“Many of you are aware of the disturbing Pennsylvania Grand Jury Report on Clergy Sexual Abuse of Minors and Vulnerable Adults released earlier this week. The report is devastating in the graphic detail of the sinful behavior of priests and the negligent response of bishops and church leaders to properly respond to victims. This report, so quickly on the heels of the revelations earlier this summer of similar misconduct by a Cardinal of the Church has been deeply harmful to victims and their families, as well as to you, the members of the Church. I share your anger and disappointment.” By Archbishop Paul Etienne, Archdiocese of Anchorage, in Catholic Anchor

Letter from Cardinal Blase J. Cupich to the people of the Archdiocese of Chicago in response to the Pennsylvania grand jury report
“Dear Brothers and Sisters: Anger, shock, grief, shame. What other words can we summon to describe the experience of learning about the devastating revelations of sexual abuse — and the failures of bishops to safeguard the children entrusted to their care — published in the Pennsylvania grand jury report, released Tuesday? This catalogue of horrors comes on the heels of news accounts of deeply disturbing sexual-abuse and harassment allegations against Archbishop Theodore McCarrick, who recently resigned from the College of Cardinals.” By Cardinal Blase J. Cupich, Archbishop of Chicago

Charlotte bishops call reports of Pennsylvania priests molesting thousands of kids ‘shameful’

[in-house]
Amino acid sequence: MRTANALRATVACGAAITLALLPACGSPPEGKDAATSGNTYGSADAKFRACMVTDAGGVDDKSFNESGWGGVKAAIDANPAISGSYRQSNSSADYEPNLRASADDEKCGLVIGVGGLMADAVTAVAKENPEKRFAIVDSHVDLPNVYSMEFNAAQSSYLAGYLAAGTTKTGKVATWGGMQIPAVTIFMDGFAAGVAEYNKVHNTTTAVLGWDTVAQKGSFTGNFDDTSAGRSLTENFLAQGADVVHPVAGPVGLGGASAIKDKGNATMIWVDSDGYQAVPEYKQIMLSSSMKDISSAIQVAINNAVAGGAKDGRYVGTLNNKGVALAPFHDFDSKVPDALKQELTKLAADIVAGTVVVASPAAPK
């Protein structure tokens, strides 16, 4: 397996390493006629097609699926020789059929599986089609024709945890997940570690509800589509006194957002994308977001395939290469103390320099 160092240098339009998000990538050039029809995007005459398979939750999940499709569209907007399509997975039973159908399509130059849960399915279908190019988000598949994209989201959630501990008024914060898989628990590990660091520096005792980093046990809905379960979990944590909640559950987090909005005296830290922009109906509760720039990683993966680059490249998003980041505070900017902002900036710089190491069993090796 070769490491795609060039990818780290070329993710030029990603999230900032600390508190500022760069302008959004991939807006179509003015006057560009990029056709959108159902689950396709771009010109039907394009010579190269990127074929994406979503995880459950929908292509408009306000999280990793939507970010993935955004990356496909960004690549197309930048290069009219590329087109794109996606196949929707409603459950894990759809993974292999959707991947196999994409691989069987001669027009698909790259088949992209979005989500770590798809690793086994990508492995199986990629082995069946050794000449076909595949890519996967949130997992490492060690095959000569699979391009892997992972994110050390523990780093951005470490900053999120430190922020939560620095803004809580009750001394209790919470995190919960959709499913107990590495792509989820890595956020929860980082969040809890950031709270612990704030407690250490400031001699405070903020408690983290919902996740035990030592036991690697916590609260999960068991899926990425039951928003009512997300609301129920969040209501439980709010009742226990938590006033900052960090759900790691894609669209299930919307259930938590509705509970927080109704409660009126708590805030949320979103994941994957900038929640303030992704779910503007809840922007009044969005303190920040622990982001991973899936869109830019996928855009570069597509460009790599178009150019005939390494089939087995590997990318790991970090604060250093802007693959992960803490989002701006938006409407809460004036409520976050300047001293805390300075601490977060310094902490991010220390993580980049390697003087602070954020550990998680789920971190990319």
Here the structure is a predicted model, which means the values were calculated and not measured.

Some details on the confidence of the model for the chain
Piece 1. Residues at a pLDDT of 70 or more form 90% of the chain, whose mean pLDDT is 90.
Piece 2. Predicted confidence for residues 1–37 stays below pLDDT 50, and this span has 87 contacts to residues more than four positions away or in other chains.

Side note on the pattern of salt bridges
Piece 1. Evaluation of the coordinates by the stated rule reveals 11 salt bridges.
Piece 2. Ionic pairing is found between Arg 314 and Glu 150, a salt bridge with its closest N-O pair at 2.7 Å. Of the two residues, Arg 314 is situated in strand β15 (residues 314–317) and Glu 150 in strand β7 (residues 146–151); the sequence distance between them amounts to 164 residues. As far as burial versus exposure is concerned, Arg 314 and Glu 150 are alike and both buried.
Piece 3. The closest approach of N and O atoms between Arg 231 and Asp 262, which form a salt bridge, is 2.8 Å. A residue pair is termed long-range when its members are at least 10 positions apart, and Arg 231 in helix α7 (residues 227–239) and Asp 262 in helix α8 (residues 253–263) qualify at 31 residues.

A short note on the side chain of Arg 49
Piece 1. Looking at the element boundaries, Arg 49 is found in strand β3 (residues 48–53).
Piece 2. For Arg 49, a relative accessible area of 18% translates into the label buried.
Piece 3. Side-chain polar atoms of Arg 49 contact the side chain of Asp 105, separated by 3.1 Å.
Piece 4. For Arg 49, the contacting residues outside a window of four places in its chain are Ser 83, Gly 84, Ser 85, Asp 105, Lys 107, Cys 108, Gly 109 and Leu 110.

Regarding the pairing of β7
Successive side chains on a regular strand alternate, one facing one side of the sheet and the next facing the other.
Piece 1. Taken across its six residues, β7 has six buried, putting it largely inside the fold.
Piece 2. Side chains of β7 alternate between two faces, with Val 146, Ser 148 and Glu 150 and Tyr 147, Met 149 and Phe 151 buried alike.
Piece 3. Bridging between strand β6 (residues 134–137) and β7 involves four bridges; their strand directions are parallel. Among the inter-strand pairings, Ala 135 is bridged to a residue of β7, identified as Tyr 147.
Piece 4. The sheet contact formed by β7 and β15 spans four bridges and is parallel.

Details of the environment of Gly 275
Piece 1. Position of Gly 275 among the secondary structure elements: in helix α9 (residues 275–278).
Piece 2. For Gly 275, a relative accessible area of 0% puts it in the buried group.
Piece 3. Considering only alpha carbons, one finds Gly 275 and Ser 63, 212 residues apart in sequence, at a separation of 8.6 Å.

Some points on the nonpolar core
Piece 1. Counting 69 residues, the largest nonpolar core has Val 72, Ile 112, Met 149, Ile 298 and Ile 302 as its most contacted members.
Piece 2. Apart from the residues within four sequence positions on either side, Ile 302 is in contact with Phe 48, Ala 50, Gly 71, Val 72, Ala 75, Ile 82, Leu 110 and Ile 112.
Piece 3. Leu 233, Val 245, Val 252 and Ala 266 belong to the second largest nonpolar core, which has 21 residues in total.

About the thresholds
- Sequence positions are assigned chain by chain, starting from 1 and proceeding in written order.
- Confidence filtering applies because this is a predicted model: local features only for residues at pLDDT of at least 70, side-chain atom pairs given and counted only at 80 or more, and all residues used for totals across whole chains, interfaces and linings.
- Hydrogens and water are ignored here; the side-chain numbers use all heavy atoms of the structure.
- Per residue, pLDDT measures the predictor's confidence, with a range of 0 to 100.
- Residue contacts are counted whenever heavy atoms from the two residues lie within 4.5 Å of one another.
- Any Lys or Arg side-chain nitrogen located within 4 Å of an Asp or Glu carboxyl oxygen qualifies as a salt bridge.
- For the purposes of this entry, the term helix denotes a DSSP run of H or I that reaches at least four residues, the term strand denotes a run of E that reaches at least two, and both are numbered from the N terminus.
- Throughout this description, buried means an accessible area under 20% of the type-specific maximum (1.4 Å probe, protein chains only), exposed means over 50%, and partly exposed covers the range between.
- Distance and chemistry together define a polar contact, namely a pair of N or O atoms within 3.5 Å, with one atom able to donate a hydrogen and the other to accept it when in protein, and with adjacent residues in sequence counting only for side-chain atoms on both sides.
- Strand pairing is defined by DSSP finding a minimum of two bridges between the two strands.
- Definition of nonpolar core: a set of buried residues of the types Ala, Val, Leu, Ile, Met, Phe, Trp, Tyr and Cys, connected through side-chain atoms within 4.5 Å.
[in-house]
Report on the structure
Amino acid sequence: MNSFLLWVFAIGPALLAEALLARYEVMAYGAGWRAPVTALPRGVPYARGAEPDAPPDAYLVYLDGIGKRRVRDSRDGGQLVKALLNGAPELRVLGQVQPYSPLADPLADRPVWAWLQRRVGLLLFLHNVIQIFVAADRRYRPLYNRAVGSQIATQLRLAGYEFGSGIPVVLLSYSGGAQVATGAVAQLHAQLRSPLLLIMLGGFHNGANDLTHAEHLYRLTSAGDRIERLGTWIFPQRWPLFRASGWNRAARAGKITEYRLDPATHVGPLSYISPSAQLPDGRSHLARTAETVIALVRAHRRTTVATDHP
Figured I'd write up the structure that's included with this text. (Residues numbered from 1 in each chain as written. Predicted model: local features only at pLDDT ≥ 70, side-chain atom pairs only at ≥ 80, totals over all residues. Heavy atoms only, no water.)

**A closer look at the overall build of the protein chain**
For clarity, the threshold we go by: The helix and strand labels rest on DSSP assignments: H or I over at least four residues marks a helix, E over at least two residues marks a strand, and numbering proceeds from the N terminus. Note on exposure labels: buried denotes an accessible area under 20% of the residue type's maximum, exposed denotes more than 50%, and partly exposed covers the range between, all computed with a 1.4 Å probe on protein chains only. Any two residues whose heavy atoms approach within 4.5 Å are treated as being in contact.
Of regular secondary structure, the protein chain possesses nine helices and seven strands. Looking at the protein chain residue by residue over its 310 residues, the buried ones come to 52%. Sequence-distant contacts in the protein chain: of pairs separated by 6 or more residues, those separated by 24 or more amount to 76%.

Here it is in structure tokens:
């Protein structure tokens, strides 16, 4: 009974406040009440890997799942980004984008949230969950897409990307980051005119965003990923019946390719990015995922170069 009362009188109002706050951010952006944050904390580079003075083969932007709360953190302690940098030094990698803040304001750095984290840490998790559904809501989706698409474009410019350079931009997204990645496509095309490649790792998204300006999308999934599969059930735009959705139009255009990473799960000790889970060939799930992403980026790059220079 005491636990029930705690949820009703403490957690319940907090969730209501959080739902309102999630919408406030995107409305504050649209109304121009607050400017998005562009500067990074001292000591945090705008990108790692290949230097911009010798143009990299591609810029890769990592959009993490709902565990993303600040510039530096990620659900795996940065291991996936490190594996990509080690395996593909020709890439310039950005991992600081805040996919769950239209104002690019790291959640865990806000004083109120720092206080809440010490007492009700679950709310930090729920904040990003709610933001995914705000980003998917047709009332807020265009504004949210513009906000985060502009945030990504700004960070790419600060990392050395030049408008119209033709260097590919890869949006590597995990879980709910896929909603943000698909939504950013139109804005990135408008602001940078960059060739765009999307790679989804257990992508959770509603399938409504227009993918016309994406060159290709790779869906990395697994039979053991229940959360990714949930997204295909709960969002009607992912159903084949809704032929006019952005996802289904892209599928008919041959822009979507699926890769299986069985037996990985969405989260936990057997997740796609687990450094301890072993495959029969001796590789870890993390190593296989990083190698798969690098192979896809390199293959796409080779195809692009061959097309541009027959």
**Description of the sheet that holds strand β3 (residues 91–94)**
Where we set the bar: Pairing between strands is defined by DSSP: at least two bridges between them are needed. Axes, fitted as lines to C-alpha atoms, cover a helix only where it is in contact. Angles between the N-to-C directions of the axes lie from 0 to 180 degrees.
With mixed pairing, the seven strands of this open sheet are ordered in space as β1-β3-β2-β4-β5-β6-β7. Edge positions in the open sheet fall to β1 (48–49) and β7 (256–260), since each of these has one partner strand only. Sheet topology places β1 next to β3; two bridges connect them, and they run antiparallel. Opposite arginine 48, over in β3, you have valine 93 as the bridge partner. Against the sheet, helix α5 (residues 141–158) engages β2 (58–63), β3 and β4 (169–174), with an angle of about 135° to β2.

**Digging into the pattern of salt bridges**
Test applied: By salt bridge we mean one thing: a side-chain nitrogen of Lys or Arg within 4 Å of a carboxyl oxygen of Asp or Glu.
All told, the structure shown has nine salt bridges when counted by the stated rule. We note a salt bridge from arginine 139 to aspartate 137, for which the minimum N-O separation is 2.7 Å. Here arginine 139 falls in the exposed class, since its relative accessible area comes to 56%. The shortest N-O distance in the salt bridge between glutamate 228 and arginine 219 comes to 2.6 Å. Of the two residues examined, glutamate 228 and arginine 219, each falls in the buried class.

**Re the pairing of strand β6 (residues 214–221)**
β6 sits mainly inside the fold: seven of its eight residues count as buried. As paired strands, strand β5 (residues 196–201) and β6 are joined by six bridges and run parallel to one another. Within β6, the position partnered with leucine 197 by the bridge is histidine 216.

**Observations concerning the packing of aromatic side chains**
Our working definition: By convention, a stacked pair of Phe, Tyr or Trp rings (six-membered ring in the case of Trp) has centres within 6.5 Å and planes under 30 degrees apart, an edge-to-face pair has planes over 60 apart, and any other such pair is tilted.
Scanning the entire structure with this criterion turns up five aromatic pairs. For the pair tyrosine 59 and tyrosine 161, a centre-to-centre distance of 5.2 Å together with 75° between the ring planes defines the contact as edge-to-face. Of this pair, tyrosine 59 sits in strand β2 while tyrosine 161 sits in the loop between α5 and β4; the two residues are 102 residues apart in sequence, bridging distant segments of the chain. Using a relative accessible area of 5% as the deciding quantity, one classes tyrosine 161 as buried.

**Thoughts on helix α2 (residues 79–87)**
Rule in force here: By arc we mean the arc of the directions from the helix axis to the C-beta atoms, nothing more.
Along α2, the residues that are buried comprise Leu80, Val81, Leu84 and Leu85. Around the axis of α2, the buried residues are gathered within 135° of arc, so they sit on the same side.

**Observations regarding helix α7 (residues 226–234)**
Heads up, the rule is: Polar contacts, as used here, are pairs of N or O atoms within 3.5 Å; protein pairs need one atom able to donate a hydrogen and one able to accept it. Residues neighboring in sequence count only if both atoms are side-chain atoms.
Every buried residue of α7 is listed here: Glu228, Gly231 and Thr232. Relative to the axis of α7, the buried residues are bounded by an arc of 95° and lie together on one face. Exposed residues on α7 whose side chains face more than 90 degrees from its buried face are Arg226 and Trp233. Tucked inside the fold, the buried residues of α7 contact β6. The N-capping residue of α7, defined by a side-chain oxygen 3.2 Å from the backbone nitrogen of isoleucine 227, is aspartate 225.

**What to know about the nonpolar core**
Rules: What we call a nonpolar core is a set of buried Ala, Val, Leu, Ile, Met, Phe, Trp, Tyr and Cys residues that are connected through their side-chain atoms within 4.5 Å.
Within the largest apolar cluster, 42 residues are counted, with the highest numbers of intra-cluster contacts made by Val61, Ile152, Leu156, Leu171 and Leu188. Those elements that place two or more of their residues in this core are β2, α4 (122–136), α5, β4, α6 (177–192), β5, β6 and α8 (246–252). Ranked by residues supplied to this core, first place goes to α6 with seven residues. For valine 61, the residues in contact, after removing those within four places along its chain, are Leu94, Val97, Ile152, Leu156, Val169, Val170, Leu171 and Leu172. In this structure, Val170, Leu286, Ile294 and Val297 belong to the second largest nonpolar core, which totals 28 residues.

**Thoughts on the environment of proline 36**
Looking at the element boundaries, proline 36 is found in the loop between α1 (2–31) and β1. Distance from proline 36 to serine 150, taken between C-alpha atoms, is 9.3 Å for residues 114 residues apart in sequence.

“From the parish to the priest, allegations from a new grand jury report out of Pennsylvania has rocked the Roman Catholic Church. The report details decades of sexual abuse and says priests in six dioceses molested at least 1,000 children, if not more, since the 1940s … David Hains, spokesman for the Charlotte Diocese, said the report found huge problems that need to be fixed.” By DaShawn Brown, WSOC-TV

Nuncio says U.S. bishops committed to addressing abuse scandal
“The U.S. bishops are ‘deeply committed’ to facing the reality of clerical sexual abuse and the history of covering it up, said the Vatican nuncio to the United States. ‘All of us bishops, priests and members of the Church must find a real response to the problem. Just a juridical or organizational response will not be enough to avoid evil,’ said the nuncio, Archbishop Christophe Pierre. The archbishop made the comments at a news conference Aug. 19 in Rimini, Italy, before giving the opening address at the annual weeklong conference of the Communion and Liberation movement.” By Cindy Wooden, Catholic News Service, in Catholic New York

Dublin archbishop call for Pope Francis to speak ‘frankly’ about abuse
“The Catholic archbishop of Dublin has said the Pope should speak frankly about church abuse scandals. Diarmuid Martin said the institution had come through moments of real darkness and needed to avoid covering up or justifying what happened. The first papal visit to Ireland for almost 40 years takes place next weekend. Archbishop Martin said: ‘My hope is that he will speak kindly but also speak frankly. The recent history of the church in Ireland had its moments of real darkness.” By Belfast Telegraph


Pope Francis, the bishops and the road to real conversion after McCarrik scandal
(Aug. 29, 2018) “Amid the escalating cascade of conflict within the Catholic Church, trying to track what is going on is like trying to find your way in a hurricane. That seems to be part of the strategy of those attacking Pope Francis. The chaos unleashed by their shocking accusations of cover-up involving three popes and a host of others—accusations that of course must be investigated, but are already starting to wither under scrutiny—is not only an attempt to undermine Francis’ papacy; it is also drawing our attention away from the astonishing revelations of abuse out of places like Pennsylvania and involving figures like former Cardinal Theodore McCarrick.” By Jim McDermott, America: The Jesuit Review